Politics, Moderate



Trump's sneaky backdoor Obamacare repeal is working

Catherine Rampell on

Last year, much of the country watched with growing fury as Republicans tried to undo President Barack Obama's signature achievement, the Affordable Care Act.

Americans stormed town halls. They jammed congressional phone lines. Some got hauled off to jail for acts of civil disobedience. Bill after bill attempting to dismantle Obamacare imploded. By October, it looked like Republicans had given up at last.

How wrong that was.

In the months since the last Obamacare vote in the Senate, the Trump administration and Republicans on Capitol Hill have engaged in a sneakier, backdoor repeal.

It's been less telegenic than those big congressional fights, but it has been more destructive.

In fact, next year there will be about 9 million fewer Americans with real health insurance coverage than would have been the case had pre-Trump policies stayed in place, according to a report released Monday by the Urban Institute.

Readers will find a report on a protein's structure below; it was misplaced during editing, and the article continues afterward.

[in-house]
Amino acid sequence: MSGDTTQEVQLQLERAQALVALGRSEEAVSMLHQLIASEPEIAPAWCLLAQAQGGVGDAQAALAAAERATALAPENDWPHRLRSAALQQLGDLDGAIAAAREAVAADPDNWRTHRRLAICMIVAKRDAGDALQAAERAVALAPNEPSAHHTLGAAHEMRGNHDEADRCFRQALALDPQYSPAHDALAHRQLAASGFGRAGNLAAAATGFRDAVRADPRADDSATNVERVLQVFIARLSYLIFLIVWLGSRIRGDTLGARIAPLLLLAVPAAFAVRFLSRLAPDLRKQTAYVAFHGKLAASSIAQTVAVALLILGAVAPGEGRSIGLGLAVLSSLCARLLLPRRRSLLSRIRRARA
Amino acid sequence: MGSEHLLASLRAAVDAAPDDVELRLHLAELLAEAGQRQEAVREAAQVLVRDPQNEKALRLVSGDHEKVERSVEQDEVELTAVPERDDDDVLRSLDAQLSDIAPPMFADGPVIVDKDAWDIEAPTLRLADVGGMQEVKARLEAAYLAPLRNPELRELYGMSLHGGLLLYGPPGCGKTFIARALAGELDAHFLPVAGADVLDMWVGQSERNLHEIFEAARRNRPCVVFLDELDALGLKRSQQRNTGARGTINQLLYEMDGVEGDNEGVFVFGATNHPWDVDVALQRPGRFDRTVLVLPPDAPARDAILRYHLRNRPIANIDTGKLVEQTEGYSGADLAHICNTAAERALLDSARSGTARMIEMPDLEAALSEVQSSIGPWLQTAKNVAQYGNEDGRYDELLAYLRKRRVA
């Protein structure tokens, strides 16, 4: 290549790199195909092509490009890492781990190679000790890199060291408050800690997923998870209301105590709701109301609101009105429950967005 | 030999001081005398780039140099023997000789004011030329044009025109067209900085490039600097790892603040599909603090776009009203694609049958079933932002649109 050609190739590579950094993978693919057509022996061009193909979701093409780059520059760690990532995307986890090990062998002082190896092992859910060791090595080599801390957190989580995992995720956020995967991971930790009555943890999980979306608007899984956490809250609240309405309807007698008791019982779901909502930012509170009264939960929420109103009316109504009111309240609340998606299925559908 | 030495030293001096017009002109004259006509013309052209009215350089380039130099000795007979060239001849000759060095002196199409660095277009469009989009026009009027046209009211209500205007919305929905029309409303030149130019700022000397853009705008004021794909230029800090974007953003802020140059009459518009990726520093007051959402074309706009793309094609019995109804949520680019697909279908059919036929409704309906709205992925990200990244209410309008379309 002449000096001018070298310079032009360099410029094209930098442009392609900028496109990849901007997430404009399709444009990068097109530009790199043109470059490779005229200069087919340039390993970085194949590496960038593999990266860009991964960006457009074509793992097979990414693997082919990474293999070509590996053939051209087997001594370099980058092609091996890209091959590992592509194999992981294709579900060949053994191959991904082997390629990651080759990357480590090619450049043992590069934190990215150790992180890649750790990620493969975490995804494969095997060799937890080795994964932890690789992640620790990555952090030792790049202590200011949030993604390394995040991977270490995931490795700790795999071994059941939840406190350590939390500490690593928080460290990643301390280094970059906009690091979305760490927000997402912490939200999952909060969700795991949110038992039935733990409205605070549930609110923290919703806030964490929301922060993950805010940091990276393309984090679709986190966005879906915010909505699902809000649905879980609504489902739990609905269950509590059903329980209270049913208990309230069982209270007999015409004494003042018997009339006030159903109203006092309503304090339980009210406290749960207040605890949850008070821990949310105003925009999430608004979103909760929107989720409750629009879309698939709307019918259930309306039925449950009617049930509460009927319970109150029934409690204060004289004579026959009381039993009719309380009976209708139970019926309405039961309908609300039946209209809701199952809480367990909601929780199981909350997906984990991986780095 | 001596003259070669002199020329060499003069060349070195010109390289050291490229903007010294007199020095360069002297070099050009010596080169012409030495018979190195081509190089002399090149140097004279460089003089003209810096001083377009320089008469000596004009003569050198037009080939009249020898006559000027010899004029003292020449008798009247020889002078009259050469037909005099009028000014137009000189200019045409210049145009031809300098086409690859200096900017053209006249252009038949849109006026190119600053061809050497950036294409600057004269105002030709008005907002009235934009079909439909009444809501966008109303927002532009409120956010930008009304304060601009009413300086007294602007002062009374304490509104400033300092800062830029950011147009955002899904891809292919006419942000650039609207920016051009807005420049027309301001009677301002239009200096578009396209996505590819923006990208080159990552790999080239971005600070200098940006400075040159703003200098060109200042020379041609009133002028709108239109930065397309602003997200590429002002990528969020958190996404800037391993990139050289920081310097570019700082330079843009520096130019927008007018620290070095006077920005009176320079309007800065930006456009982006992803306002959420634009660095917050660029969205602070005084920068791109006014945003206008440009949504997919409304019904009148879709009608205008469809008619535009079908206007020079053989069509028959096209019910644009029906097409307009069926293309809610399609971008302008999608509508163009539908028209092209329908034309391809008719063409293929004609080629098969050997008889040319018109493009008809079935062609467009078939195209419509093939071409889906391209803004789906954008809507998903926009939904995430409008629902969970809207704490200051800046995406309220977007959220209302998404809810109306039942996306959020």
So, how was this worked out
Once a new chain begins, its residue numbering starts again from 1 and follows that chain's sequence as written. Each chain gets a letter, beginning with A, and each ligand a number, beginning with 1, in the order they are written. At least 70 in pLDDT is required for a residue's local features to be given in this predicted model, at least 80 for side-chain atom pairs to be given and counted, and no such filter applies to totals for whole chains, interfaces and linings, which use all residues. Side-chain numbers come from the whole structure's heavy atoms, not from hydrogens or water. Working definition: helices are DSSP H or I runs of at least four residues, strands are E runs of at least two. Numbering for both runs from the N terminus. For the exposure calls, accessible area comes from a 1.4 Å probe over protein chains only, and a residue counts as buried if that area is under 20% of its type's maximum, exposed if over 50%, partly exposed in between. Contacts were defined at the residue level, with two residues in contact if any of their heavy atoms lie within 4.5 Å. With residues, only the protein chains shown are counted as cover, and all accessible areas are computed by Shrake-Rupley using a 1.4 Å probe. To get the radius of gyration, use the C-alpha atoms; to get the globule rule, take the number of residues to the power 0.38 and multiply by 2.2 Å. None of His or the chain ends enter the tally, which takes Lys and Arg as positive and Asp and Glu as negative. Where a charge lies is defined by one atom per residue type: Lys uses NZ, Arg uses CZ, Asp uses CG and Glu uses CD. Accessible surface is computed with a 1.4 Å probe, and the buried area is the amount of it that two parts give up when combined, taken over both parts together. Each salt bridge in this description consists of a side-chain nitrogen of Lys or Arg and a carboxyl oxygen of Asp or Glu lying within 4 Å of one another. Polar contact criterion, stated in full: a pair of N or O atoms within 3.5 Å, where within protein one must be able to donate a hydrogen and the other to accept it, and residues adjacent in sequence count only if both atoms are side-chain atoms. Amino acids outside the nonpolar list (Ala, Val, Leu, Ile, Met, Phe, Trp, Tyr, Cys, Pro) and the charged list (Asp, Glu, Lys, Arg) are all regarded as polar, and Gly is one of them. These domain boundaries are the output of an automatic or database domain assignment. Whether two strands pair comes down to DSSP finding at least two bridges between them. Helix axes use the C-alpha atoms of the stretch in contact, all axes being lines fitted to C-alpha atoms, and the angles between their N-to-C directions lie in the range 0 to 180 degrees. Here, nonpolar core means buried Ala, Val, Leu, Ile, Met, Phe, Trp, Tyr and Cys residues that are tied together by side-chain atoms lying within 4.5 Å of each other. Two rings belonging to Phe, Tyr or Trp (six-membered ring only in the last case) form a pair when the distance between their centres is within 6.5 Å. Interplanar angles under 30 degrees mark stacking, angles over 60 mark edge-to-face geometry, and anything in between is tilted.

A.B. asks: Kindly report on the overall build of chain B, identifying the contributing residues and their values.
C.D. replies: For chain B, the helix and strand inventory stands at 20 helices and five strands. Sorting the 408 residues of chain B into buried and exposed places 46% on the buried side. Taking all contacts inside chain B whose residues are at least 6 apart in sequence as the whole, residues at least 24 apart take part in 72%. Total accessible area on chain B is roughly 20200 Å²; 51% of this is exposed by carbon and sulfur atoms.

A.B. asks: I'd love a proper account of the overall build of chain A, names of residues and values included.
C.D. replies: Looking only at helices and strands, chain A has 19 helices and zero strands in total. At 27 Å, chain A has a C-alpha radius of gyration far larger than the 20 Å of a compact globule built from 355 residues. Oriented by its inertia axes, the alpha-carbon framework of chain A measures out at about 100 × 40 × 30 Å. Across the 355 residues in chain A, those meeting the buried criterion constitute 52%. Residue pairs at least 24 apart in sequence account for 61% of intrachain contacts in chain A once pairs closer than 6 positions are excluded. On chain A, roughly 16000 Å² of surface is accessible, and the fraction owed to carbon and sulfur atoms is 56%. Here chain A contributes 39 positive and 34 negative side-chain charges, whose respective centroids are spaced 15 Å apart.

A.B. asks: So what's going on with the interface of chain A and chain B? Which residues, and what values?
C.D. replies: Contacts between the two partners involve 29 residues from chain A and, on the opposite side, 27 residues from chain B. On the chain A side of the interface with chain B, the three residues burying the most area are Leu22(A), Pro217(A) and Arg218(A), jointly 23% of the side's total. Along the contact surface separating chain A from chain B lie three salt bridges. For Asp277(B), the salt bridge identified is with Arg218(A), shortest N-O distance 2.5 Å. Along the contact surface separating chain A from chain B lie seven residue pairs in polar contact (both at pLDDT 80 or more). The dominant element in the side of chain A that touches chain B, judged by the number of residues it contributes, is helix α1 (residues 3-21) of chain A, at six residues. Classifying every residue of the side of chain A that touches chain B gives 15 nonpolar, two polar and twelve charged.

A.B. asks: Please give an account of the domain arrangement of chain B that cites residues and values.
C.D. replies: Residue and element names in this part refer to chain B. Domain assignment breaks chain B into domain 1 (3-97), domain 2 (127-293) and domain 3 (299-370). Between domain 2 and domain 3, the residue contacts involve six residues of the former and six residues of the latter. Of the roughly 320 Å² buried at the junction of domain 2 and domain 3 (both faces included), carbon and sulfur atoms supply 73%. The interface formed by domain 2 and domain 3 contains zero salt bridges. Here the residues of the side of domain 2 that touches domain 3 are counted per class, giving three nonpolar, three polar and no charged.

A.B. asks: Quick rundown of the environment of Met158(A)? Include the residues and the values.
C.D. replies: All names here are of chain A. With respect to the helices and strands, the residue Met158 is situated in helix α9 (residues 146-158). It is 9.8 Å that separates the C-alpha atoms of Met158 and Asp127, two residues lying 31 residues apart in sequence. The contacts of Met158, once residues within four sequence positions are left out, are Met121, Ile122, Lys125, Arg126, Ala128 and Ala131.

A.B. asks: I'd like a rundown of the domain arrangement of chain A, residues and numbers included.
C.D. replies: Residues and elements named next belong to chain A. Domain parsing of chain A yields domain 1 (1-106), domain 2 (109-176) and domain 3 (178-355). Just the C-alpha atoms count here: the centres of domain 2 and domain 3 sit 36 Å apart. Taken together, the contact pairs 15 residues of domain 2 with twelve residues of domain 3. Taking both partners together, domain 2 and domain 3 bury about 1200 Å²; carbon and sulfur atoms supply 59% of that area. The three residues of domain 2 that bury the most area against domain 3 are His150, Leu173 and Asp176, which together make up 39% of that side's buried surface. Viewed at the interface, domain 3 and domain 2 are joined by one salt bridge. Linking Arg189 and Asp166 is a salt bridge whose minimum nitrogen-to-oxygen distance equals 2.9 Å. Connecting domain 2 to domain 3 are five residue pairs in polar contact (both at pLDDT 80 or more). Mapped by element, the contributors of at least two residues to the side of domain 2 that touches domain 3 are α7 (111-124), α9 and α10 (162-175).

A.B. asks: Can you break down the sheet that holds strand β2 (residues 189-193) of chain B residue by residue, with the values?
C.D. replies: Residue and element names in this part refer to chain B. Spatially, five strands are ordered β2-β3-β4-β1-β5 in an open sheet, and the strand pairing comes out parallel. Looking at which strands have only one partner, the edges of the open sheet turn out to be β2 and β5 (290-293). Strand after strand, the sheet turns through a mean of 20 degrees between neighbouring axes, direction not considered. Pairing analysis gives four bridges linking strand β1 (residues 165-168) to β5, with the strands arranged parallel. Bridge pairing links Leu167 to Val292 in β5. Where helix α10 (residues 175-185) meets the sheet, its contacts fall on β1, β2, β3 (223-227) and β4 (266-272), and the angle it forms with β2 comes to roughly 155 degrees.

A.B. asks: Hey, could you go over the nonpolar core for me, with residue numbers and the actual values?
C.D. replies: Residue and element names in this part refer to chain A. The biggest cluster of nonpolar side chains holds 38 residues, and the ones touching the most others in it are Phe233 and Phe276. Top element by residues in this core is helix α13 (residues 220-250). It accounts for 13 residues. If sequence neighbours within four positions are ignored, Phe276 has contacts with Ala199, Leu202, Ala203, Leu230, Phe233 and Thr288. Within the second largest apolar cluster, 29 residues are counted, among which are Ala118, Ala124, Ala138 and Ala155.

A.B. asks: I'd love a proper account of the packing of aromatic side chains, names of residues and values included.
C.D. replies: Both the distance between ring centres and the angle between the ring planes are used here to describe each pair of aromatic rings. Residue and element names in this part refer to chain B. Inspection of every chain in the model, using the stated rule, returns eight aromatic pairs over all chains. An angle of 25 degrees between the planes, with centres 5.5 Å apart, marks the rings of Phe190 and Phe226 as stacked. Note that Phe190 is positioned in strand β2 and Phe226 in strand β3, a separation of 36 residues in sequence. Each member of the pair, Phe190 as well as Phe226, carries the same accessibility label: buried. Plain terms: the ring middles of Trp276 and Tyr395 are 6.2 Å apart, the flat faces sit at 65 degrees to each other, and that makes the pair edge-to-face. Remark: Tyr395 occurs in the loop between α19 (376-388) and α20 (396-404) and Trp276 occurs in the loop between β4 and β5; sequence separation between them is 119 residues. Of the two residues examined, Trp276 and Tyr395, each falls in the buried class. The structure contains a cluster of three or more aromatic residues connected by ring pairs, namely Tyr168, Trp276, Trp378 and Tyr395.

By "real health insurance," I mean plans that actually cover things -- as opposed to plans that just take your money and then, legally, pay few if any claims. (These are sometimes nicknamed "buffalo plans," because they pay out pretty much only if you get run over by a herd of buffalo.)

A handful of relatively low-profile, boring-sounding actions are to blame for the drop-off in the insured. They include repealing the individual mandate (which encouraged young, healthy people to buy insurance, holding down premium costs for the overall pool), shortening the open-enrollment period, reducing outreach and advertising, and killing subsidies designed to help pay for low-income people's out-of-pocket spending.

Then last week, with little fanfare, the Trump administration released an even-more-damaging new policy: an expansion of "short-term" insurance plans.

Short-term insurance is supposed to provide just that -- short-term coverage. Maybe you need a stopgap plan before school starts, for instance. These niche plans are exempted from Obamacare's basic consumer protections.


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